1. Sinfoniekonzert: Ewigkeit

Works by György Kurtág, Richard Strauss, Gustav Mahler and Paul Hindemith

1 hour 40 minutes, one intermission

For adults and young people from age 12

Dates and tickets

Unfortunately, no further dates are planned for this production.

György Kurtág (*1926)
Stele op. 33

Richard Strauss (1864-1949)
Death and Transfiguration op. 24

Gustav Mahler (1860-1911)
Blumine. Symphonic Movement

Paul Hindemith (1895-1963)
Sinfonie Mathis the Painter

Transience, remembrance and legacy are universal topics that everyone has to consider during their lifetime. Artists frequently immortalise their associations in their works, sharing their most profound thoughts with us. The State Orchestra of Lower Saxony Hanover and General Music Director Stephan Zilias will bring some fulminant musical works that were created for eternity to life in this symphony concert for the opening of the new concert season.

With the work Stele for a full orchestra, György Kurtág, one of the most significant composers of the 21st century sets a monument at the very beginning. The Hungarian composer had initially written only a piano composition in 1993, in memory of the then influential conductor, composer and mentor András Mihály. In 1994, Kurtág created an orchestral version of this musical tombstone, commissioned by Berliner Philharmoniker. The sound-planes which Kurtág weaves from delicate frictions and harmonies, and which he interrupts repeatedly with accents and echoes full of tension, sound eerily spherical. Richard Strauss’ symphonic poem Tod und Verklärung (Death and Transfiguration) also became a musical monument. At only 25 years old, the composer contemplated the transience of mortal life and the fulfilment of creative ideals in eternity. Dramatic and magical in turn, a dying artist’s life passes by his inner eye in the form of music.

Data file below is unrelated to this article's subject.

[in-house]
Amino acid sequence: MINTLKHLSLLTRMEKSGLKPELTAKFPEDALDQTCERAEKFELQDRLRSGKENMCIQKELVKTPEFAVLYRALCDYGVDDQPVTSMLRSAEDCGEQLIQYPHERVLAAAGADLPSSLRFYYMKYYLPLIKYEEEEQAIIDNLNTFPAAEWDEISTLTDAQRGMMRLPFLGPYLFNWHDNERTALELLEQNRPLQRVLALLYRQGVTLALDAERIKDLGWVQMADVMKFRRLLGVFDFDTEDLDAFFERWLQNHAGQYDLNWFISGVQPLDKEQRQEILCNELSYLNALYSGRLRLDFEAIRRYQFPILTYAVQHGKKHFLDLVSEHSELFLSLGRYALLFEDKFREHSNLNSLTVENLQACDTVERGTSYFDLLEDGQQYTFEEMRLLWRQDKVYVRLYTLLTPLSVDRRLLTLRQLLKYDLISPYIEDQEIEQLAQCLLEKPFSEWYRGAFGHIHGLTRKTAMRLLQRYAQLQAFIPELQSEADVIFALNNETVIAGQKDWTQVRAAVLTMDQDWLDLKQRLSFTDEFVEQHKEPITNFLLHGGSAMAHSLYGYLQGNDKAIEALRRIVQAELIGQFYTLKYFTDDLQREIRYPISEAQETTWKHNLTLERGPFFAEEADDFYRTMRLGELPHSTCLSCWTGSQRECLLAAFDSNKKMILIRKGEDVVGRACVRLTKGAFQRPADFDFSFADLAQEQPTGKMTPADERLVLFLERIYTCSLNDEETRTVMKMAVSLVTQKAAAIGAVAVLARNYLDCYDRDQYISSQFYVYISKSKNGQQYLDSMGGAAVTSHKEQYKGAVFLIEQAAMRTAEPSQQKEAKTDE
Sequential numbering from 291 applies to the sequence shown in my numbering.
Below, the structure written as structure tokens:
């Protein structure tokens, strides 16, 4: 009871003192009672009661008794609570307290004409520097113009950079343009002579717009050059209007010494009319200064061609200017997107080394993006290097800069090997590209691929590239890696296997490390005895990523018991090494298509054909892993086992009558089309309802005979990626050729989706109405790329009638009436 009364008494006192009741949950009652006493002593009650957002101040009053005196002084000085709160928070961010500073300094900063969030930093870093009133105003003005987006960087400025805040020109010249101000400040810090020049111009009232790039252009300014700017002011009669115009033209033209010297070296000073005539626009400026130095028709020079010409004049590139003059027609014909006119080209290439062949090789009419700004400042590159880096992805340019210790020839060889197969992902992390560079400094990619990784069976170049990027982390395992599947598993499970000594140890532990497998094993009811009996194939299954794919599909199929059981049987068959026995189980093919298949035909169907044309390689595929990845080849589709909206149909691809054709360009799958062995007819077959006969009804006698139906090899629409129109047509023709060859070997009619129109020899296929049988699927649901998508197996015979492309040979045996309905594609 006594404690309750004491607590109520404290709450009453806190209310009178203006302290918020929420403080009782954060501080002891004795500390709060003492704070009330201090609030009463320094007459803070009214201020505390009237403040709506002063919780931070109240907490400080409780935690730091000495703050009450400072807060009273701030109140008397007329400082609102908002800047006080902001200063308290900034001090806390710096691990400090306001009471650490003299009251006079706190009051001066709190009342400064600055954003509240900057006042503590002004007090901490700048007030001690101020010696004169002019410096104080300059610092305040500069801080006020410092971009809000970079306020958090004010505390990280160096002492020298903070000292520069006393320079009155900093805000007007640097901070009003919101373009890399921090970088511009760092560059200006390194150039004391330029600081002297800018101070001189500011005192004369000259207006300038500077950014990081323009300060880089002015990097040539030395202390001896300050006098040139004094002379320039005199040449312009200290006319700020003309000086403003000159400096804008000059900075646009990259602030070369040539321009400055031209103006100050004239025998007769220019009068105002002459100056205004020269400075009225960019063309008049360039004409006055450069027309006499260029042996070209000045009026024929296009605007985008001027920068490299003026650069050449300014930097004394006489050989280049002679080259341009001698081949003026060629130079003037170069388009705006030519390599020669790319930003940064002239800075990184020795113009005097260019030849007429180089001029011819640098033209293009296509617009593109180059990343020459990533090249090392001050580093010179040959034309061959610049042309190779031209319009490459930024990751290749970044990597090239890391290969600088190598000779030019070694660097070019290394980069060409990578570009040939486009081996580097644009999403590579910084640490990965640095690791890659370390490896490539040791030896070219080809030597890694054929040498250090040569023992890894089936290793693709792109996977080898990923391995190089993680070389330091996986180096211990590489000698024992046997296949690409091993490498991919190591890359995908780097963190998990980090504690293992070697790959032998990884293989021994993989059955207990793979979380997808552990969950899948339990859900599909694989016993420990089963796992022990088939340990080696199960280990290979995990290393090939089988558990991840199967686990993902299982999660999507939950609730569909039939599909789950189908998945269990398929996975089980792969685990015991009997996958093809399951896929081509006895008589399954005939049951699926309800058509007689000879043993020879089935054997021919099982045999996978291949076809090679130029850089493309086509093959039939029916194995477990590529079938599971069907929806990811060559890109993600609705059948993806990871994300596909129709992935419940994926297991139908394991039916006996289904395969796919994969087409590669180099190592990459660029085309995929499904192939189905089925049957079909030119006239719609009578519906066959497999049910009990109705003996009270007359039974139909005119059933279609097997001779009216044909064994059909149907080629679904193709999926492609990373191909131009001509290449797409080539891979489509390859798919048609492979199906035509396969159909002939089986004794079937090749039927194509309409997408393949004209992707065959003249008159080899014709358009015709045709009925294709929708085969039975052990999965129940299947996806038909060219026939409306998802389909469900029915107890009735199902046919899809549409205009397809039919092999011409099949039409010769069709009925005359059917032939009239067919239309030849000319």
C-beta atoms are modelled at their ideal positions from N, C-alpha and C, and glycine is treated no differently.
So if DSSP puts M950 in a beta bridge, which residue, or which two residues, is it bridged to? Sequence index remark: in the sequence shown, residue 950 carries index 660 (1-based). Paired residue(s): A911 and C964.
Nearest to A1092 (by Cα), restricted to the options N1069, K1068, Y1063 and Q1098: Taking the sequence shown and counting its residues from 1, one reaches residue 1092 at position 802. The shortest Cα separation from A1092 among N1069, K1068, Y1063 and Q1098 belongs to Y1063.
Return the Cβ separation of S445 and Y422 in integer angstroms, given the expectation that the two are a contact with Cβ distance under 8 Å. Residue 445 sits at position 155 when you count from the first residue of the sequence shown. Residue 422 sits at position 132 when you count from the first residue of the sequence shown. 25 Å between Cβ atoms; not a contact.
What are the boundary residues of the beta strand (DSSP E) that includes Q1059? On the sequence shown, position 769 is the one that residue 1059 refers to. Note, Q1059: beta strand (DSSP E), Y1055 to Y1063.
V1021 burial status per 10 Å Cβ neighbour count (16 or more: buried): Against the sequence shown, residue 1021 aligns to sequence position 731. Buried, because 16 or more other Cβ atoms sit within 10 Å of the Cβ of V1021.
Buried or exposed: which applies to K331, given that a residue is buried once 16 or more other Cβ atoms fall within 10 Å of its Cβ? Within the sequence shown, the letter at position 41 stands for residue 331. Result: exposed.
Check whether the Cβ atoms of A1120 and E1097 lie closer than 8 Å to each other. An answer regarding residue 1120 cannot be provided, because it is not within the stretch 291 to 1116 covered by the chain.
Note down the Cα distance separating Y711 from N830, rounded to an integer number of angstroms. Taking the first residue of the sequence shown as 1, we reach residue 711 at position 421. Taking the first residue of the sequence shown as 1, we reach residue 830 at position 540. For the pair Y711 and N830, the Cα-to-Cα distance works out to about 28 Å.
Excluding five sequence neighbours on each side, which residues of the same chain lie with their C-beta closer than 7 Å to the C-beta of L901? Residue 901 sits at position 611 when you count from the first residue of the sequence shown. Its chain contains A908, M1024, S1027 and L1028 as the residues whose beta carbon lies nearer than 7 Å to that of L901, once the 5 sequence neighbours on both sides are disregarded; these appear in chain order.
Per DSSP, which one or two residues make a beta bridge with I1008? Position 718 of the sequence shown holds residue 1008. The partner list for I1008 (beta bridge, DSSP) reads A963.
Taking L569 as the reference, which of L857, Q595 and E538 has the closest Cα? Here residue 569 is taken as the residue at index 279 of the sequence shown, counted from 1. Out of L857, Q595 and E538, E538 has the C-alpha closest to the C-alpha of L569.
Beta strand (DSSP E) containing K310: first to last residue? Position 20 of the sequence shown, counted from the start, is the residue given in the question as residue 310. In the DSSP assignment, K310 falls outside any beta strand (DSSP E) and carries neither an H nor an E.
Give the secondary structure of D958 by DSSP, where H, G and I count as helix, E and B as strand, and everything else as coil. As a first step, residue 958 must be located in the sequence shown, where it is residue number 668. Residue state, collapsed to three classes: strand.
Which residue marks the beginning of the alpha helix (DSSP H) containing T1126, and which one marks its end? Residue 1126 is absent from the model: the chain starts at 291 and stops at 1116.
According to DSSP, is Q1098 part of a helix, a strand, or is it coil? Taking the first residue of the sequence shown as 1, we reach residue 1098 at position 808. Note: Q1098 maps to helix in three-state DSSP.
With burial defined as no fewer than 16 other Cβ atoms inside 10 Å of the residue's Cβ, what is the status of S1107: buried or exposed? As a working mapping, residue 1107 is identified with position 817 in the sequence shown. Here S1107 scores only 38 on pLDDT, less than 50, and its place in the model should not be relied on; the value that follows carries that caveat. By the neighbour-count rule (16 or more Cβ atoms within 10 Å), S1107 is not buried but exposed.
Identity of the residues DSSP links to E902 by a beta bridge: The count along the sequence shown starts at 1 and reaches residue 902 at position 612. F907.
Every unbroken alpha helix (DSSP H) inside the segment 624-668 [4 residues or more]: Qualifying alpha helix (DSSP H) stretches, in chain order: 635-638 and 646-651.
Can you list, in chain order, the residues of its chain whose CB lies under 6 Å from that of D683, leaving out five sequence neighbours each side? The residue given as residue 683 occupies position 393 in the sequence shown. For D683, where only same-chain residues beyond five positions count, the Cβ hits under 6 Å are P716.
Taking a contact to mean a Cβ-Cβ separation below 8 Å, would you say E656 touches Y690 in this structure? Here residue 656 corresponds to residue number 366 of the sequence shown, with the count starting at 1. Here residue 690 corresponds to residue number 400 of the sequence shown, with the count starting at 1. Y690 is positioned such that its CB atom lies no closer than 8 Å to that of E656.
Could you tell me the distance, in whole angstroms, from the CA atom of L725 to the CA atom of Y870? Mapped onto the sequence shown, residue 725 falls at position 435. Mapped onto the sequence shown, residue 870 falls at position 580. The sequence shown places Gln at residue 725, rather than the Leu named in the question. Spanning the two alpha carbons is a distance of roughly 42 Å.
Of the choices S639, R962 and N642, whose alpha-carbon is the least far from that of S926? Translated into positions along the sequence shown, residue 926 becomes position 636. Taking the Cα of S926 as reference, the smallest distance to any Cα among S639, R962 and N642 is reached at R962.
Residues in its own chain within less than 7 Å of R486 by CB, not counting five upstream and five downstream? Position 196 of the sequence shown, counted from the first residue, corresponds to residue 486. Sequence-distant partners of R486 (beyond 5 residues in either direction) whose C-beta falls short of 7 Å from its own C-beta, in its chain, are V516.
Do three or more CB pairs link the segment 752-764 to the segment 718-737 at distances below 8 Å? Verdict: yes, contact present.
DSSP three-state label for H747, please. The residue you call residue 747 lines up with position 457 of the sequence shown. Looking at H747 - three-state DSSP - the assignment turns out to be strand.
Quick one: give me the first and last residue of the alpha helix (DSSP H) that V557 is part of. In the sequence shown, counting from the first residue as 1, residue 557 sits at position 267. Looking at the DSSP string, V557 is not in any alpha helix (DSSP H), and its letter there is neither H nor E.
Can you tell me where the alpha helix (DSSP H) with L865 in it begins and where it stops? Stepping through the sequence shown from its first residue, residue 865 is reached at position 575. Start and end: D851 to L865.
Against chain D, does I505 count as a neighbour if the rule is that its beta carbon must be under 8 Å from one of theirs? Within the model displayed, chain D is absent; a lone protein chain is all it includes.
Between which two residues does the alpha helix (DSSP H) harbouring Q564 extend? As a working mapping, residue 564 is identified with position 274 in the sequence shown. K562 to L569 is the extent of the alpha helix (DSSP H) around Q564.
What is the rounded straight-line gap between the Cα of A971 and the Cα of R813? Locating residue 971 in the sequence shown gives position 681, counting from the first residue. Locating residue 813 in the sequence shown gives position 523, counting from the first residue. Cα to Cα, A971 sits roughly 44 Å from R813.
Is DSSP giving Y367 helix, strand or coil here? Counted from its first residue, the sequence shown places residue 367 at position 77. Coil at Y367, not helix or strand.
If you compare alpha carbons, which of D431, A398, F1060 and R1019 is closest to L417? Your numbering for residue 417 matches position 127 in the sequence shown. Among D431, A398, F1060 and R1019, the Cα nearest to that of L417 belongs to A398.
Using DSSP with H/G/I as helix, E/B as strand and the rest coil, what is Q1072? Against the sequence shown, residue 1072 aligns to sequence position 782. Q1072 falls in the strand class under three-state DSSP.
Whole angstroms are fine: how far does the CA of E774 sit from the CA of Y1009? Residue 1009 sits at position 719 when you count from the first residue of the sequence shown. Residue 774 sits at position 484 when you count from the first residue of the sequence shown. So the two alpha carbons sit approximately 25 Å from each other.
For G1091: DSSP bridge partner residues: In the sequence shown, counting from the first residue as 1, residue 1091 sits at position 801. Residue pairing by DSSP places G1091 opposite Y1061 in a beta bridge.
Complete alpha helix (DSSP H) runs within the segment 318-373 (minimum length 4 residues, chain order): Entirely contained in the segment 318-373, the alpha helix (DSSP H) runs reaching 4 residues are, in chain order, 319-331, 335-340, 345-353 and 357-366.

Gustav Mahler was also barely 25 years old when he composed Blumine, a symphonic movement that had originally been a theatrical score, was then integrated into his 1st Symphony and later removed again. Trumpet and oboe exchange solos with each other and unfold a charming melody.

Paul Hindemith’s symphony in three movements Mathis der Maler (Mathis the Painter) is often called a musical triptych. While he was working on his opera of the same name, Wilhelm Furtwängler asked him for an orchestral work and Hindemith assembled it in 1933. Both the opera and the symphony are based on the life of Renaissance-painter Matthias Grünewald and the symphony in particular is inspired by his famous Isenheim Altarpiece. The powerful sound of the work was a great success with the audience, but ultimately resulted in the composer’s emigration: The National Socialists called for a boycott of the opera and Hindemith’s work in general because the protagonist of the work showed a great deal of moral courage.